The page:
Automobile accidents are one of the most common causes of injury and death in the United States. The use of cell phones has made driving much more dangerous activity than it once was. It is estimated that drivers distracted by cell phones cause as many as one quarter of the country’s car crashes every year.
Sharing the road with semi-trucks and tractor trailers in unavoidable, so it makes sense to proceed with caution if you are driving along aside or passing a large truck. Because of their weight and length, trucks can be hard to navigate. Moreover, a tractor-trailer, even traveling at a normal speed, can take a long time to stop. That being said, truckers are required to exercise reasonable care when operating a rig not to injure other drivers.
Truck Accidents at a Glance
There are state and federal laws in place that require trucks to be adequately maintained and inspected regularly.
In 2010, a Texas sheriff's deputy responded to a call seeking assistance with a traffic stop of a possible stolen car. With flashing lights and siren on, he sped to the scene but, en route, had to swerve to avoid soundproofing that fell off a flatbed truck. Gravely injured, he died eight days later in the hospital.
According to court documents and news reports, on May 16, 2013, police officers in Fort Worth executed a “no-knock” search warrant at a residence on Thannisch Avenue; bursting into the house without warning in a search for drugs. 34-year-old Jermaine Darden was in the home at that time, and his family alleges that the police officers’ actions killed him.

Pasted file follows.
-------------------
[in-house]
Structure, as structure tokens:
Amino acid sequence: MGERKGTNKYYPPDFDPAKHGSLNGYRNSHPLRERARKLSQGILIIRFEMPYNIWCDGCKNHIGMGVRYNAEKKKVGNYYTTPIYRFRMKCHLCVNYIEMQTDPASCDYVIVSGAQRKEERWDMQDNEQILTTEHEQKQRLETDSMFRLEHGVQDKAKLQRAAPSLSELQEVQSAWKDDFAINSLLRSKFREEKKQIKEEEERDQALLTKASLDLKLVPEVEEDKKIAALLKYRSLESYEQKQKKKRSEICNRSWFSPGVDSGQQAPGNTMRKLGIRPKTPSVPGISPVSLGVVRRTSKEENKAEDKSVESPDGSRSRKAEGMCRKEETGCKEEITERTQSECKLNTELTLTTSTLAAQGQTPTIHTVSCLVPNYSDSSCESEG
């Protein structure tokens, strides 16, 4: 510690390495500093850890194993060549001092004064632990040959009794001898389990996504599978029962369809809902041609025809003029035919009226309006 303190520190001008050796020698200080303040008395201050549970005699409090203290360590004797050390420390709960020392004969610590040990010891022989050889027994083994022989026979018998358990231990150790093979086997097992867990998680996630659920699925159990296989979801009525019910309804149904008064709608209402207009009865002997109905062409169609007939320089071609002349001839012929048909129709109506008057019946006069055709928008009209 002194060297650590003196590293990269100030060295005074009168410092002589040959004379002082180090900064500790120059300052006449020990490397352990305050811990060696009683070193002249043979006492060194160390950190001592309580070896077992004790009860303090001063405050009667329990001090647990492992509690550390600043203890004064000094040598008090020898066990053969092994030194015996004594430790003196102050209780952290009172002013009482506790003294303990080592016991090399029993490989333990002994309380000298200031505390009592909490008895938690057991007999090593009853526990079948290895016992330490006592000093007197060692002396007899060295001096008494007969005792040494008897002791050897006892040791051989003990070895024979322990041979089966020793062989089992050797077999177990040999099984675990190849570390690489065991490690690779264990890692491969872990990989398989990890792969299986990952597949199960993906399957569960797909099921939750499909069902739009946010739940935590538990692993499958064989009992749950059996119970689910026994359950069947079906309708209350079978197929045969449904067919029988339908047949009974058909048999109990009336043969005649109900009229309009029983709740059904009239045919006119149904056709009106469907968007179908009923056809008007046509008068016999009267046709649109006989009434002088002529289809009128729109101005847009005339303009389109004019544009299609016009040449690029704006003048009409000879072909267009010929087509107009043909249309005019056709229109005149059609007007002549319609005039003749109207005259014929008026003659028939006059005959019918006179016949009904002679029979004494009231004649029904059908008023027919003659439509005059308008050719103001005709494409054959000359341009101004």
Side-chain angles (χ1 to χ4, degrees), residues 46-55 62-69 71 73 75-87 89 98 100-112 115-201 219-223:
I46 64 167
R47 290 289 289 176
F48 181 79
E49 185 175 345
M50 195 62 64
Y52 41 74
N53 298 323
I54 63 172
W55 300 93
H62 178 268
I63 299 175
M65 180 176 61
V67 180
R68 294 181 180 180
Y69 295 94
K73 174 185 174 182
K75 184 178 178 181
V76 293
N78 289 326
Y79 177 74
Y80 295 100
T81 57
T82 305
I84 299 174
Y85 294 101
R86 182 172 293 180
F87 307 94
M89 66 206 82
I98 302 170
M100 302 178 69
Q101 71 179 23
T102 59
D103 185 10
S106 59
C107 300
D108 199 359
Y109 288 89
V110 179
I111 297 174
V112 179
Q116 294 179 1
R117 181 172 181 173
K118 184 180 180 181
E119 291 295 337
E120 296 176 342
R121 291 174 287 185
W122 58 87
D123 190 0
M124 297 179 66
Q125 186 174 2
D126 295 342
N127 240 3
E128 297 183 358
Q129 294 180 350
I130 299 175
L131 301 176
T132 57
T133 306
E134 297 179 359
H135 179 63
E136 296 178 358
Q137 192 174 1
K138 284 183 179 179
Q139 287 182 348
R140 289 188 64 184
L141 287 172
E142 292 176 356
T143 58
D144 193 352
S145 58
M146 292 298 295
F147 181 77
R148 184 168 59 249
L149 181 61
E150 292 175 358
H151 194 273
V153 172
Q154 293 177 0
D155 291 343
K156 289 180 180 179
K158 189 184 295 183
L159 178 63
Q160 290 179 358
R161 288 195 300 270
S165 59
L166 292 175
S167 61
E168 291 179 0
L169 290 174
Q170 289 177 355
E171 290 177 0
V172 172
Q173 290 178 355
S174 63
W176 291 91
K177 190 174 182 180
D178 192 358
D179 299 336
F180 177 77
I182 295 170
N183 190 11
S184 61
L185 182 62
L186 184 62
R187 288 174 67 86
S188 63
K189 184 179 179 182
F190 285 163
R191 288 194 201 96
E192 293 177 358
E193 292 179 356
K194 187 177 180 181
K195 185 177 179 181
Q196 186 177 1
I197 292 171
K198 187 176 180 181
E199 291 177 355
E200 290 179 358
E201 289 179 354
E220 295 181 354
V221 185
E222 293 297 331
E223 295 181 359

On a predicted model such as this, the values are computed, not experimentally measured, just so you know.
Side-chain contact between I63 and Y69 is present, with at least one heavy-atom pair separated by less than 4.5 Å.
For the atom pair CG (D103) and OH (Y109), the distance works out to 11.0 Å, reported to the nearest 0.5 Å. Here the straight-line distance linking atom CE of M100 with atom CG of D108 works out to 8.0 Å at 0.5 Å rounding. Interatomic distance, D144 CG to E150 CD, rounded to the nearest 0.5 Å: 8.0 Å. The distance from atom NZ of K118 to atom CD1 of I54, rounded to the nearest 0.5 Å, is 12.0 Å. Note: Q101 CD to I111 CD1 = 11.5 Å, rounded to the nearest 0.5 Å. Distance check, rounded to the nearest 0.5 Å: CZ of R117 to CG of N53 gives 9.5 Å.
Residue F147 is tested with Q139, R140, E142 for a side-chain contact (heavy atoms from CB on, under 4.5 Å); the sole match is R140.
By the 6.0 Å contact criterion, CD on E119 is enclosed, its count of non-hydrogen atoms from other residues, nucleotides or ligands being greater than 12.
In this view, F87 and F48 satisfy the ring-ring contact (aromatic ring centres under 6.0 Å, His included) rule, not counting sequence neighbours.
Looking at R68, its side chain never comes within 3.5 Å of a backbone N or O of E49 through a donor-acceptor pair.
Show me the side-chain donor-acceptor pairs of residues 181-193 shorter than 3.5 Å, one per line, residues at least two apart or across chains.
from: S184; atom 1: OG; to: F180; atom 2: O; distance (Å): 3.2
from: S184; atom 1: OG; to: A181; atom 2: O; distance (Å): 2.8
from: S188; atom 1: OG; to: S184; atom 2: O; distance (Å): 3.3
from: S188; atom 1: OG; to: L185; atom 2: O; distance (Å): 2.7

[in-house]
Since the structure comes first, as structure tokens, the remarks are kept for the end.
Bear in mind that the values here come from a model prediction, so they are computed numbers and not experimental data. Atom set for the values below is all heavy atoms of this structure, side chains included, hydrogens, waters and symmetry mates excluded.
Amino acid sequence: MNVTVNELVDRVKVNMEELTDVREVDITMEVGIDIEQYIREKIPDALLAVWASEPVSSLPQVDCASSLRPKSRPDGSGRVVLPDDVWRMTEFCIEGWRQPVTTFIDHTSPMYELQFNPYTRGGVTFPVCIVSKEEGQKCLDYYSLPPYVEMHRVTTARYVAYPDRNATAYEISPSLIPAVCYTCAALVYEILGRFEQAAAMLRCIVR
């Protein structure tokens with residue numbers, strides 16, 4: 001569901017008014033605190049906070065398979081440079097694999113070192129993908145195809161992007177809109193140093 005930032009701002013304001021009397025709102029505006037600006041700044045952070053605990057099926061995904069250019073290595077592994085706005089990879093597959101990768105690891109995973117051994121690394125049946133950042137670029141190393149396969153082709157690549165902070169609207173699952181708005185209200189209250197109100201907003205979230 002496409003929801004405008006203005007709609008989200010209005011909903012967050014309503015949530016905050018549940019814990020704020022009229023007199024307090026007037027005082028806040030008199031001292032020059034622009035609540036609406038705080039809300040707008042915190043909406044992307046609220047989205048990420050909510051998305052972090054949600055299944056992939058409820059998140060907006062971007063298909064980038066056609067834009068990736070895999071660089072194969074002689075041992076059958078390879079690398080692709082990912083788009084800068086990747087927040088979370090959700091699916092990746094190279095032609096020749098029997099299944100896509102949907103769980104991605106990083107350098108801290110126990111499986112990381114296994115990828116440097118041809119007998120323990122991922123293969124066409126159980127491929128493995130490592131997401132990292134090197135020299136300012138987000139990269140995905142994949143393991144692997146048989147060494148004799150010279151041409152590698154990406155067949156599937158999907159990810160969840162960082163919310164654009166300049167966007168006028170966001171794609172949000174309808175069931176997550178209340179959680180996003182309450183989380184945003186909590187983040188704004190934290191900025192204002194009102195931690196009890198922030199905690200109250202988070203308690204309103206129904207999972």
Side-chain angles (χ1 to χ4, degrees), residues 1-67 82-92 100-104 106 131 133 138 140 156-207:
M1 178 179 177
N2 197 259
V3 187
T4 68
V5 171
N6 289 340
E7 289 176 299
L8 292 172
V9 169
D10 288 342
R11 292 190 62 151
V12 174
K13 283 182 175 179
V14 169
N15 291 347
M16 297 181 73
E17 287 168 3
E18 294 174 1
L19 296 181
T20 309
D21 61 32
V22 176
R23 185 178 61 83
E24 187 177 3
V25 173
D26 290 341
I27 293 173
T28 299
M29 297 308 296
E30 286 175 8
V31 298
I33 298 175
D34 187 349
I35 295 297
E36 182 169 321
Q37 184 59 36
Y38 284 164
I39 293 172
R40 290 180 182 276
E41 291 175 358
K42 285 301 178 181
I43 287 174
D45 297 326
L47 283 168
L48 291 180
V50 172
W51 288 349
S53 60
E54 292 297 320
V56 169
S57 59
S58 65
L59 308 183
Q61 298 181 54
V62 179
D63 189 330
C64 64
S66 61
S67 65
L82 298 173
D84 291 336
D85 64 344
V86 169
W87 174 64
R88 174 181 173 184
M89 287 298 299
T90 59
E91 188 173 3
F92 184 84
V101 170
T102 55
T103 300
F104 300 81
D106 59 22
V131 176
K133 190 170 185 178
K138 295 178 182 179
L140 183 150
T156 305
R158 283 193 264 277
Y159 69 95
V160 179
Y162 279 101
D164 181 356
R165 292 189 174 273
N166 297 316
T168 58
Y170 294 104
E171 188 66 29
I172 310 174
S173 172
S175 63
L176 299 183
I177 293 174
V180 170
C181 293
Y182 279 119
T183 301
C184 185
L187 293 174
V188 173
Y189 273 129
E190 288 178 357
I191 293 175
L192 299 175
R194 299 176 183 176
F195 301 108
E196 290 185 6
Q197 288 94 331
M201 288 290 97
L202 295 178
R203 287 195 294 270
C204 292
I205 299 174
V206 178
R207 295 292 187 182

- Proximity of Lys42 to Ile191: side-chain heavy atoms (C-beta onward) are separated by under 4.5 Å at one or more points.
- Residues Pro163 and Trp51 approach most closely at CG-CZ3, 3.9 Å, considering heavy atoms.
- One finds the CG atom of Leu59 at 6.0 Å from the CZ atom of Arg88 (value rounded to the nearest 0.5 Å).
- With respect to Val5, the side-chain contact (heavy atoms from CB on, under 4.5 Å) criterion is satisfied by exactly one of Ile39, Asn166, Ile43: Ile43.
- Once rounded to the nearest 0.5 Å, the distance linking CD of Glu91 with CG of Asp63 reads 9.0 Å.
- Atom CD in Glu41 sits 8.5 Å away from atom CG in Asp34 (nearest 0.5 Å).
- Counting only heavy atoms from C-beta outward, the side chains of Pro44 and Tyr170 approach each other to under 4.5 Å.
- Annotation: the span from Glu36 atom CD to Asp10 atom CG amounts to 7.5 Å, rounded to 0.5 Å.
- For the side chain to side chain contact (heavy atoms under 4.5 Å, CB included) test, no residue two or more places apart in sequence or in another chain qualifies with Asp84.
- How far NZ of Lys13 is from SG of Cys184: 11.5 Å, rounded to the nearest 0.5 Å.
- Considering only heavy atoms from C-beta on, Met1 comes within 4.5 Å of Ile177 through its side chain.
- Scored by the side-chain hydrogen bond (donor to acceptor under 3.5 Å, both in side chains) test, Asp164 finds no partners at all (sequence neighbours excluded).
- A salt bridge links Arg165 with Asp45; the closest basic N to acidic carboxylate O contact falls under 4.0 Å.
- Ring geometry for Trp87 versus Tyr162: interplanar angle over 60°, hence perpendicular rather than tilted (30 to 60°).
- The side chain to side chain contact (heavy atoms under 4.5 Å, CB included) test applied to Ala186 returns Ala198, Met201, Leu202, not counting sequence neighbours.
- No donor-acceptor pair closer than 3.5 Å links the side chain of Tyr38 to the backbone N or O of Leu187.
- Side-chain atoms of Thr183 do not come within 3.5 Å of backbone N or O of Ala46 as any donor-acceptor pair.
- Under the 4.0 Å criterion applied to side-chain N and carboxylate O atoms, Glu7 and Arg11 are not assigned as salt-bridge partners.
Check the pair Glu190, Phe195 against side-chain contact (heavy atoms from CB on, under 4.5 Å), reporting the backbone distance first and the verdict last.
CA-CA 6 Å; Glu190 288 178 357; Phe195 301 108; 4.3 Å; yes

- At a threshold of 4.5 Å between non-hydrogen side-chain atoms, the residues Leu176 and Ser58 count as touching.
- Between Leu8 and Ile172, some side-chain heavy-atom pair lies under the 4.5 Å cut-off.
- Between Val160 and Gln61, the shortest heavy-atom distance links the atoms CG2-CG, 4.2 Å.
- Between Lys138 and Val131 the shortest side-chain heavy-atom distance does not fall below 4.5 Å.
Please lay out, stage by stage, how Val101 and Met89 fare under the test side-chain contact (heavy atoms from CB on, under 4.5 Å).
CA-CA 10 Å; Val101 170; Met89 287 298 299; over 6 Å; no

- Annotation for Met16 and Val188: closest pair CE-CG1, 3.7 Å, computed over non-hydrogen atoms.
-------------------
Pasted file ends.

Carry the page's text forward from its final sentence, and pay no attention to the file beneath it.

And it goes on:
Darden’s family alleges that he suffered a heart attack and died after officers needlessly choked, kicked, and shot him with a stun gun. They filed a wrongful death lawsuit against the officers involved at the scene and the city of Fort Worth.
Lawyers for the city contended that Darden tried to resist arrest, but witnesses said he made no attempt to flee, attack, or resist.
Across the country, personal injury attorneys are beginning to ask their clients if the car accidents in which they were injured may have involved Snapchat. Press releases and blogs are increasingly pointing out the dangers of the app's speed filter feature which tracks how fast an individual is traveling while taking a selfie. What makes Snapchat photos even more dangerous than other electronic images is that Snapchat photos and videos disappear immediately after viewing, so they demand immediate and complete concentration.
If you are driving and view a Snapchat picture, you are momentarily completely distracted, and, we all know (or should know) it takes only a moment for a serious accident to occur, one in which drivers or pedestrians suffer severe injuries or wrongful death.
Only a few weeks ago, a Georgia resident sued Snapchat and the young driver viewing the device for a car crash that left him with serious brain injuries.